Its main characteristics are: It is top-down: it subdivides, in a recursive manner, a given problem into a series of sub-problems that are easier to solve. It is knowledge-based: it relies on a symbolic description of the world, such as a set of rules. However, the limits of traditional AI, which goal is to build systems that mimic human intelligence, are well-known: a combinatorial explosion of the number of rules occurs due to the complexity of the environment. In fact, it is impossible to predict all the situations that will be encountered by an autonomous entity. In order to address these issues, another approach to decisional AI known as situated or behavioral AI, has been proposed, it does not attempt to model systems that produce deductive reasoning processes, but rather systems that behave realistically in their environment. The main characteristics of this approach are the following: It is bottom-up: it relies on elementary behaviors, which can be combined to implement more complex behaviors.

It is behavior-based: it does not rely on a symbolic description of the environment, but rather on a model of the interactions of the entities with their environment. The goal of situated AI is to model entities; this is achieved thanks to both the intrinsic robustness of the control architecture, its adaptation capabilities to unforeseen situations. In artificial intelligence and cognitive science, the term situated refers to an agent, embedded in an environment; the term situated is used to refer to robots, but some researchers argue that software agents can be situated if: they exist in a dynamic environment, which they can manipulate or change through their actions, which they can sense or perceive. Examples might include web-based agents, which can alter data or trigger processes over the Internet, or virtual-reality bots which inhabit and change virtual worlds, such as Second Life. Being situated is considered to be part of being embodied, but it is useful to consider each perspective individually.

The situated perspective emphasizes that intelligent behavior derives from the environment and the agent's interac

Ibn Shaprut

Shem-Tob ben Isaac Shaprut of Tudela was a Spanish Jewish philosopher and polemicist. He is confused with the physician Shem-Tob ben Isaac of Tortosa, who lived earlier, he may be confused with another Ibn Shaprut, Hasdai Ibn Shaprut, who corresponded with the king of the Khazars in the 900's. While still a young man he was compelled to debate in public, on original sin and redemption, with Cardinal Pedro de Luna, afterward Antipope Benedict XIII; this disputation took place in Pamplona, December 26, 1375, in the presence of bishops and learned theologians. A devastating war which raged in Navarre between the Castilians and the English obliged Ibn Shaprut, with many others, to leave the country, he settled at Tarazona, in Aragon, where he practised his profession of physician among both Jews and Christians. As a Talmudic scholar he carried on a correspondence with Sheshet. At Tarazona he completed a polemical work against baptized Jews; as a model and guide for this work, which consists of fourteen chapters, or "gates," and is written in the form of a dialogue, he took the polemical Sefer Milhamot Adonai of Jacob ben Reuben, falsely attributed to David Ḳimḥi.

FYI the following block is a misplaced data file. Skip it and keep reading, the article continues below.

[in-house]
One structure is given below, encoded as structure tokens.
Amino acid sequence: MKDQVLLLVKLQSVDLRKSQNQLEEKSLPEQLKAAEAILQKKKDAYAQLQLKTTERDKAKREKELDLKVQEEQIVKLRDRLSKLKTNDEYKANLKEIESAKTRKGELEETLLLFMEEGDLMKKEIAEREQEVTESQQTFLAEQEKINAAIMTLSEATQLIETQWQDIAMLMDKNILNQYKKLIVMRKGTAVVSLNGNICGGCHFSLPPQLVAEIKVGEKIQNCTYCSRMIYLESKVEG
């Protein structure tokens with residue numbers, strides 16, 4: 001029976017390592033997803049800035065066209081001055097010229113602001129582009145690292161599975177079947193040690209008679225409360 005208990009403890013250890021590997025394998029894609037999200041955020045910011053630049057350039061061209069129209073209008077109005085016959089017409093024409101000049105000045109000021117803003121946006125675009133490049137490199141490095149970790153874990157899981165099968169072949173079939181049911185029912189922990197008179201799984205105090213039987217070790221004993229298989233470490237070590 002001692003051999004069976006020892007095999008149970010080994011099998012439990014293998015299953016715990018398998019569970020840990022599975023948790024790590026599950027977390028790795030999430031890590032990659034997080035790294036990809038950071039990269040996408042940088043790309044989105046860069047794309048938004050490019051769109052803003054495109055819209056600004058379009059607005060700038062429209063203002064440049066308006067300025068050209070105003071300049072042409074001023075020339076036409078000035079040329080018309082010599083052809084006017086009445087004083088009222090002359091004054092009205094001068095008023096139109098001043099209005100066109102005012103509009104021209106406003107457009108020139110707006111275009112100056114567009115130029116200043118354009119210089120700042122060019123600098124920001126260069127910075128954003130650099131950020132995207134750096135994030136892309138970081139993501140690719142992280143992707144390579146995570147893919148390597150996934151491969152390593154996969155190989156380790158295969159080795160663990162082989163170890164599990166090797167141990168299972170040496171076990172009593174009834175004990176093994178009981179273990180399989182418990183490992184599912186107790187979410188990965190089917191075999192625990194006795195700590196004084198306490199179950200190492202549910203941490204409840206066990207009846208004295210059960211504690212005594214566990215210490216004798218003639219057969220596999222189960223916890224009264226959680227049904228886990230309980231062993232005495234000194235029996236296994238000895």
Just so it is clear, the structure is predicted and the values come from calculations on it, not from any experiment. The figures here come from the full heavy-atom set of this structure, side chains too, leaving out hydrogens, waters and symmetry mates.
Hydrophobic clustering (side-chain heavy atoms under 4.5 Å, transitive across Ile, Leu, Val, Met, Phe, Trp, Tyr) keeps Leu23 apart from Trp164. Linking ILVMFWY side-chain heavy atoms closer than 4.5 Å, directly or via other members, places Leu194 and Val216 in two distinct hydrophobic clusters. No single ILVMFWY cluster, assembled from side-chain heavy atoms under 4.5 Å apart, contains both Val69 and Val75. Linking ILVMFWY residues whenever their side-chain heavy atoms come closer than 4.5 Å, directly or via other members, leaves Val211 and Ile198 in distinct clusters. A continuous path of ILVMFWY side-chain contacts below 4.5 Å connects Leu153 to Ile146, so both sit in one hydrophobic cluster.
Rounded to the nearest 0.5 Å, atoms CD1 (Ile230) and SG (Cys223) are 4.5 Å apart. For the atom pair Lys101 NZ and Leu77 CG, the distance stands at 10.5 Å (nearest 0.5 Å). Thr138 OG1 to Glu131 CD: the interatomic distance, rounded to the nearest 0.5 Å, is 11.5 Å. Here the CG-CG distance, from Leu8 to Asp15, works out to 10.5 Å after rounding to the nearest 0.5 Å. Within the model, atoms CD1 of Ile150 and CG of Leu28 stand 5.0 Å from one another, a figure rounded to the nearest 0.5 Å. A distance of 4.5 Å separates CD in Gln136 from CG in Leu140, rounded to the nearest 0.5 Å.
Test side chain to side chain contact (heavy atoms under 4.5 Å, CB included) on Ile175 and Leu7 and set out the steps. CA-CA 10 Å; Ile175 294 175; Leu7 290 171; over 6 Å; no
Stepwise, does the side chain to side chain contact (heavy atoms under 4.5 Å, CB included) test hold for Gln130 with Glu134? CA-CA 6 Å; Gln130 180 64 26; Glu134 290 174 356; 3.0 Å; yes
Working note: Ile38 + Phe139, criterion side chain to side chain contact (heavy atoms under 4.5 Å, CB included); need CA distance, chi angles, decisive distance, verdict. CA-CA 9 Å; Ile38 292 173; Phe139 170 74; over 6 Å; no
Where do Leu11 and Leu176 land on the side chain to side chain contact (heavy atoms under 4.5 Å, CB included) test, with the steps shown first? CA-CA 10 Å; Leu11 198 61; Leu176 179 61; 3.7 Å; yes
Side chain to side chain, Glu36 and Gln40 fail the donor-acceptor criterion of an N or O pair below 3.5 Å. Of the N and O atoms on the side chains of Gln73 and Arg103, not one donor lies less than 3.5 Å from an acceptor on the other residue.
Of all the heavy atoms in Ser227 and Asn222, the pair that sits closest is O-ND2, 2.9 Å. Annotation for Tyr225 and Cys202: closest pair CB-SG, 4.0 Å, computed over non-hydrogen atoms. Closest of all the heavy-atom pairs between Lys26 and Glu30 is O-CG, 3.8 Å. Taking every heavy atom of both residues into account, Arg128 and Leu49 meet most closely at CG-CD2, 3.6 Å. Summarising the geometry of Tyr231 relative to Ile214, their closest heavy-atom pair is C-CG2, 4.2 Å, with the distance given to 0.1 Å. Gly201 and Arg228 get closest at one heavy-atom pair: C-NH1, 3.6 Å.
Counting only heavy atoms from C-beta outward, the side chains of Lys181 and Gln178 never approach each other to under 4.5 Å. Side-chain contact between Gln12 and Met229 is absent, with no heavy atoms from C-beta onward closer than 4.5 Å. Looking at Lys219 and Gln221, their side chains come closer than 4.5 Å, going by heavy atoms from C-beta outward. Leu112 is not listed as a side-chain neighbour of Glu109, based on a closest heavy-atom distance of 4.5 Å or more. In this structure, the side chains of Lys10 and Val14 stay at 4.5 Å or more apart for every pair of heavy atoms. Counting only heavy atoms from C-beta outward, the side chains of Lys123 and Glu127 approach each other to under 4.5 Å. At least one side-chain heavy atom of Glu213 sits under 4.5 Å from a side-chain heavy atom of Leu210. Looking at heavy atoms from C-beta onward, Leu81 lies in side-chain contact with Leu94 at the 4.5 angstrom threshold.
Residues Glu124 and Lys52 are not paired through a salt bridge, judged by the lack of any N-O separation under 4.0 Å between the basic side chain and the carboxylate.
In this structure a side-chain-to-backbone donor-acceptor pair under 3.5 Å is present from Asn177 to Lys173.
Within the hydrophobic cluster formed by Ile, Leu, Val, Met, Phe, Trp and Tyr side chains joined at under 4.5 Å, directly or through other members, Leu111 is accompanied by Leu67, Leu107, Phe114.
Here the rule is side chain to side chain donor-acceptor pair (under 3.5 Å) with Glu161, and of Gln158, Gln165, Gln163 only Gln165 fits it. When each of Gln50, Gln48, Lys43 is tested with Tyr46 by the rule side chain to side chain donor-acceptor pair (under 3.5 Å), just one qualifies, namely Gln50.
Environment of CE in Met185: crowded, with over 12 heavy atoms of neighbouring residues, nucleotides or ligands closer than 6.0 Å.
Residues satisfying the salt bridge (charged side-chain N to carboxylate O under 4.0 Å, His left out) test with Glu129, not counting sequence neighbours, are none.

Ibn Shaprut's work, however, is not a partial reproduction of the Milḥamot, as has been incorrectly stated. In the fifteenth chapter, which Ibn Shaprut added he criticizes a work written by Alfonso do Valladolid against Jacob ben Reuben; the thirteenth chapter contains a interesting fragment by a 14th-century Schopenhauer, who wrote under the pseudonym "Lamas". The Eben Boḥan has been preserved in several manuscripts; as part of The Touchstone in order to assist the Jews in defense against conversion and polemical writings, Ibn Shaprut edited or translated portions of the Four Gospels into Hebrew, accompanying them with pointed observations. Ibn Shaprut wrote a commentary to the first book of Avicenna's canon entitled "En Kol," on music for which he made use of the Hebrew translation of Sulaiman ibn Yaish and that of Allorqui, which he criticizes severely, he wrote a super commentary, entitled "Ẓafnat Pa'aneaḥ," to Ibn Ezra's commentary on the Pentateuch. One work of Ibn Shaprut has been printed: "Pardes Rimmonim," The Orchard of Pomegranates explanations of difficult Talmudic aggadot Shem-Tob's Hebrew Gospel of Matthew is not a separate translation, certainly not by Ibn Shaprut himself, but a complete commentary, in Hebrew, on the gospel of Matthew found in The Touchstone.